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LETTER TO EDITOR
Year : 2021  |  Volume : 30  |  Issue : 2  |  Page : 366  Table of Contents     

The foreseen scenario of dental profession in India during and after coronavirus disease-2019


Department of Dentistry, Government Taluk Head Quarters Hospital, Malappuram, Kerala, India

Date of Submission26-Apr-2020
Date of Acceptance08-Jan-2021
Date of Web Publication24-Jun-2021

Correspondence Address:
Dr. Thorakkal Shamim
Shangrila, Parappanangadi - 676 303, Kerala
India
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Source of Support: None, Conflict of Interest: None


DOI: 10.4103/ipj.ipj_75_20

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How to cite this article:
Shamim T. The foreseen scenario of dental profession in India during and after coronavirus disease-2019. Ind Psychiatry J 2021;30:366

How to cite this URL:
Shamim T. The foreseen scenario of dental profession in India during and after coronavirus disease-2019. Ind Psychiatry J [serial online] 2021 [cited 2021 Nov 28];30:366. Available from: https://www.industrialpsychiatry.org/text.asp?2021/30/2/366/318935



This letter is an attempt to address the foreseen scenario of dental profession in India during and after coronavirus disease (COVID-19). The apex body of dental education, Dental Council of India has formulated stringent guidelines to stick on personal protection and sterilization protocol to adapt in individual dental clinics, hospitals, and academic institutions of dental education in India.[1] The personal protection and sterilization protocol include Personal protective equipment, N95 masks, and fumigation of work area. Mandatory instruction given to avoid aerosol-producing dental procedures (scaling, cavity preparation, endodontic treatment, and crown preparation) and human consideration given to attend emergency procedures.[1] Since the dental clinics of private institutions are closed as per the lockdown declared by the individual state governments, there is a patient flow in the dental outpatient department of the hospitals and dental colleges for emergency procedures. The emergency dental procedures are done as per the stringent sterilization guidelines, but there is a scarcity of personal protective equipment and N95 masks.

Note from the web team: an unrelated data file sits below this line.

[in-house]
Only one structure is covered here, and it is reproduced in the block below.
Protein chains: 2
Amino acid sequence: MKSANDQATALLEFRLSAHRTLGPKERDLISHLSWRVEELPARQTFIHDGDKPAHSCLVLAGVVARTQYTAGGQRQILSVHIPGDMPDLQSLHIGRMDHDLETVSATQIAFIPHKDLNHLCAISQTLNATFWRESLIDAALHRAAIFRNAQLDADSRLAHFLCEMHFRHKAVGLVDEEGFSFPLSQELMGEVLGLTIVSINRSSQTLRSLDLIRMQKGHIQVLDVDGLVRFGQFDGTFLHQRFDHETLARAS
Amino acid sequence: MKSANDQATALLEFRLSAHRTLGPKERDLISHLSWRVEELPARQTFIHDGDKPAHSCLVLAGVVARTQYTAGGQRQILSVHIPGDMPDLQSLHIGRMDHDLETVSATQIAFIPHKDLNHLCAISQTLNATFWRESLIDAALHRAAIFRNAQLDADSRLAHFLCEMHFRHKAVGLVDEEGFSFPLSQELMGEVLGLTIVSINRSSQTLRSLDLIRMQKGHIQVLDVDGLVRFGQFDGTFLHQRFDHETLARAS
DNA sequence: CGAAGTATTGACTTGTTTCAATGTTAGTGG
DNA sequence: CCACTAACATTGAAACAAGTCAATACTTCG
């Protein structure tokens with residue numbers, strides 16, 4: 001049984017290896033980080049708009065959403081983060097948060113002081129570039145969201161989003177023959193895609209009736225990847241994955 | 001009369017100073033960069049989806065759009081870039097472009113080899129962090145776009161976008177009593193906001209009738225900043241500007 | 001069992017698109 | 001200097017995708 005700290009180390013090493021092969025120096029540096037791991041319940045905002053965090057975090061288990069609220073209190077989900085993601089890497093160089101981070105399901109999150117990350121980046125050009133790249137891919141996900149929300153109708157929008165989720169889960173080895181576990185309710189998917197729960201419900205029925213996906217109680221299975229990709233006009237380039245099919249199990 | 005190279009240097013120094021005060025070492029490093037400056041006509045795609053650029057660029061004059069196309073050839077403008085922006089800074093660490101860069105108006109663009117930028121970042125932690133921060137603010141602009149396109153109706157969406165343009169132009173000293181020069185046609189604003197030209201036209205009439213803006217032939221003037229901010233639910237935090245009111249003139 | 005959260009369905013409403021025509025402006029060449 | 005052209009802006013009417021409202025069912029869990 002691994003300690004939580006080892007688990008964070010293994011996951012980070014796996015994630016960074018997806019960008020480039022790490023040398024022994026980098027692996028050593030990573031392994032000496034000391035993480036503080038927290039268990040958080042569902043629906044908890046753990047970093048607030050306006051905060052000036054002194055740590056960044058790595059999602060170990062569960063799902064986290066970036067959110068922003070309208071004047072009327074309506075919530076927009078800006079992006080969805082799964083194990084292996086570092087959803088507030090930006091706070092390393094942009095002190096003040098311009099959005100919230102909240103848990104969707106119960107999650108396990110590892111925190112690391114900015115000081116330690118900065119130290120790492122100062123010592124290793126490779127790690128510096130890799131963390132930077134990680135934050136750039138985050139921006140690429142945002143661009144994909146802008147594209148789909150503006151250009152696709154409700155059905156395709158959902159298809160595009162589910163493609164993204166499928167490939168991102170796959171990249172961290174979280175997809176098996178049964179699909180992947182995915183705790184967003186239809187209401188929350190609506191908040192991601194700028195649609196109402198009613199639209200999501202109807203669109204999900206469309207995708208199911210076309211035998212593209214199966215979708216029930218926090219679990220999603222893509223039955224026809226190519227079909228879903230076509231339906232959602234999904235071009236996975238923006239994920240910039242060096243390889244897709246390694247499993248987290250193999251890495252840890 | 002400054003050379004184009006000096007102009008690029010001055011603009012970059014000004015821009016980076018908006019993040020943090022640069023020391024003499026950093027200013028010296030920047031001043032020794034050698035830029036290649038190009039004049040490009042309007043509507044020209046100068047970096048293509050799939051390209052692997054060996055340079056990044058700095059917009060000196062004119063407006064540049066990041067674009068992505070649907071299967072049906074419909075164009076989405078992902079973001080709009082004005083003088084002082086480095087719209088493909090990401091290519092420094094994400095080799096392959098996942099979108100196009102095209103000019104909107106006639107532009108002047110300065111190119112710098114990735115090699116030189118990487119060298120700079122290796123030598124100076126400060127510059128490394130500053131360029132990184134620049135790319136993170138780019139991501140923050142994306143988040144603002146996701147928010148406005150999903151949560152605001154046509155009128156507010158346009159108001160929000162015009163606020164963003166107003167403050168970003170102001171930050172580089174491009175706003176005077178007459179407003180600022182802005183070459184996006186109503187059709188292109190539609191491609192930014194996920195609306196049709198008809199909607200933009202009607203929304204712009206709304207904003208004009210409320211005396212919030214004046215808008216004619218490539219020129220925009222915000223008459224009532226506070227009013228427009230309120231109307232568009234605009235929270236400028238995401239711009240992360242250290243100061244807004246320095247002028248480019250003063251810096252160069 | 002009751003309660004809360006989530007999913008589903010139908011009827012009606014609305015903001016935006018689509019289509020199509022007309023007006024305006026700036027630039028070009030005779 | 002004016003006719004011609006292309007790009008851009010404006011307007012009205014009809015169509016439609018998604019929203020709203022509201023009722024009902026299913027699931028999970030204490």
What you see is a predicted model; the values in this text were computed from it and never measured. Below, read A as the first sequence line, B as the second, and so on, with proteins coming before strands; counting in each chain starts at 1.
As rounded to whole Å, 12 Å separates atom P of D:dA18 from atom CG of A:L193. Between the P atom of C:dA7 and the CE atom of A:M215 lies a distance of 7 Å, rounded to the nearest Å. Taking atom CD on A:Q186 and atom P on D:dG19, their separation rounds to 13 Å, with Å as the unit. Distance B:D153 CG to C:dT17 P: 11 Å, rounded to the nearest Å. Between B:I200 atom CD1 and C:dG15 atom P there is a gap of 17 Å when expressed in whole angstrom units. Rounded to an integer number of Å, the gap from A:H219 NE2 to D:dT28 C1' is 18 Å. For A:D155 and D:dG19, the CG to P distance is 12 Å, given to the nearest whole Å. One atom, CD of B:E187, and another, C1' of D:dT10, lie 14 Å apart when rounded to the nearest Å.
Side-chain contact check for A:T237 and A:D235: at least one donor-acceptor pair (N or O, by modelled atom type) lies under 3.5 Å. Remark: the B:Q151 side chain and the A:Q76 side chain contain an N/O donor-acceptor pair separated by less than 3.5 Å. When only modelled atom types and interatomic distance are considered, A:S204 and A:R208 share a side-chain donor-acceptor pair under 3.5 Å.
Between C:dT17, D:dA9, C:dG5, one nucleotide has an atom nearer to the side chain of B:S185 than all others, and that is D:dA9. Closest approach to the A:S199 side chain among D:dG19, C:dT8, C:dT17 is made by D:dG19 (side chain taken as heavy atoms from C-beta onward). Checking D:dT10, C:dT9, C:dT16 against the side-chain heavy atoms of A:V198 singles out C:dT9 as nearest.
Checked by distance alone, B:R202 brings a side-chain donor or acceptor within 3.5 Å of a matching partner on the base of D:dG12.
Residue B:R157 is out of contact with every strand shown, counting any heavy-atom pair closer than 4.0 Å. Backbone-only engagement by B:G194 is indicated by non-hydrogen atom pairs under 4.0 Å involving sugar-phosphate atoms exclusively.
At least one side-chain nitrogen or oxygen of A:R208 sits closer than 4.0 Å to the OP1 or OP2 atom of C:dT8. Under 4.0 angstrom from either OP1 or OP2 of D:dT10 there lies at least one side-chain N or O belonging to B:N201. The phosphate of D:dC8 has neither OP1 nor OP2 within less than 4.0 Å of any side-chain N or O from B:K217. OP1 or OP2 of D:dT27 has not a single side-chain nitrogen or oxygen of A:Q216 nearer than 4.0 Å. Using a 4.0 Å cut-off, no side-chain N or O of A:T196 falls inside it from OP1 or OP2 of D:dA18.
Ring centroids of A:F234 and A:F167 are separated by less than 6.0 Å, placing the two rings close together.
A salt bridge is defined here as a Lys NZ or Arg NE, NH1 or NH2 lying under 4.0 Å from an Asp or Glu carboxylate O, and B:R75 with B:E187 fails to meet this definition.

It is evident from a study that unethical practices boomed with the mushrooming of dental clinics with heavy flow of patients in urban setup.[2] The above trend may be reversed, and the dental practice may change into ethical well-being with social distancing, stringent sterilization protocol, informed consent, and elective procedure after COVID-19 outbreak. On the other hand, the dental clinics in rural setup may face difficulties to follow the stringent guidelines to stick on personal protection and sterilization protocol due to financial constraints (difficult to charge fee from lower class patients for personal protection and sterilization protocol) and dental clinics may be closed in long run. The government may create dental surgeon post in rural primary health centers and community health centers to rectify above defect to attain universal oral health coverage in India.[3] Fear/anxiety is creeping among dental professionals in urban setup since the patient may not disclose any possible contact with COVID 19 and foreign country travel history.[4] To conclude, the government should support dental professionals by giving psychological and professional support to run the dental clinics by giving personal protection and sterilization devices in subsidized rate.

Financial support and sponsorship

Nil.

Conflicts of interest

There are no conflicts of interest.



 
   References Top

1.
Dental Council of India. COVID-19 Guidelines for Dental Colleges, Dental Students and Dental Professionals by Dental Council of India 16 Apr 2020. Available from: http://www.dciindia.gov.in/Admin/NewsArchives/DCI%20Guidelines%20on%20COVID-19.pdf. [Last accessed on 2020 Apr 19].  Back to cited text no. 1
    
2.
Kemparaj VM, Panchmal GS, Kadalur UG. The top 10 ethical challenges in dental practice in Indian scenario: Dentist perspective. Contemp Clin Dent 2018;9:97-104.  Back to cited text no. 2
[PUBMED]  [Full text]  
3.
Venkatesh N, Ramanarayanan V. Universal oral health coverage: An Indian perspective. J Indian Assoc Public Health Dent 2019;17:266-8.  Back to cited text no. 3
  [Full text]  
4.
Sunitha Rao R. 26,000 dentists in Karnataka stare at uncertain future. The Times of India; 2020 Apr 23. Available from: https://timesofindia.indiatimes.com/city/bengaluru/26000-dentists-in-karnataka-stare-at-uncertain-future/articleshow/75311980.cms. [Last accessed on 2021 Jan 08].  Back to cited text no. 4
    




 

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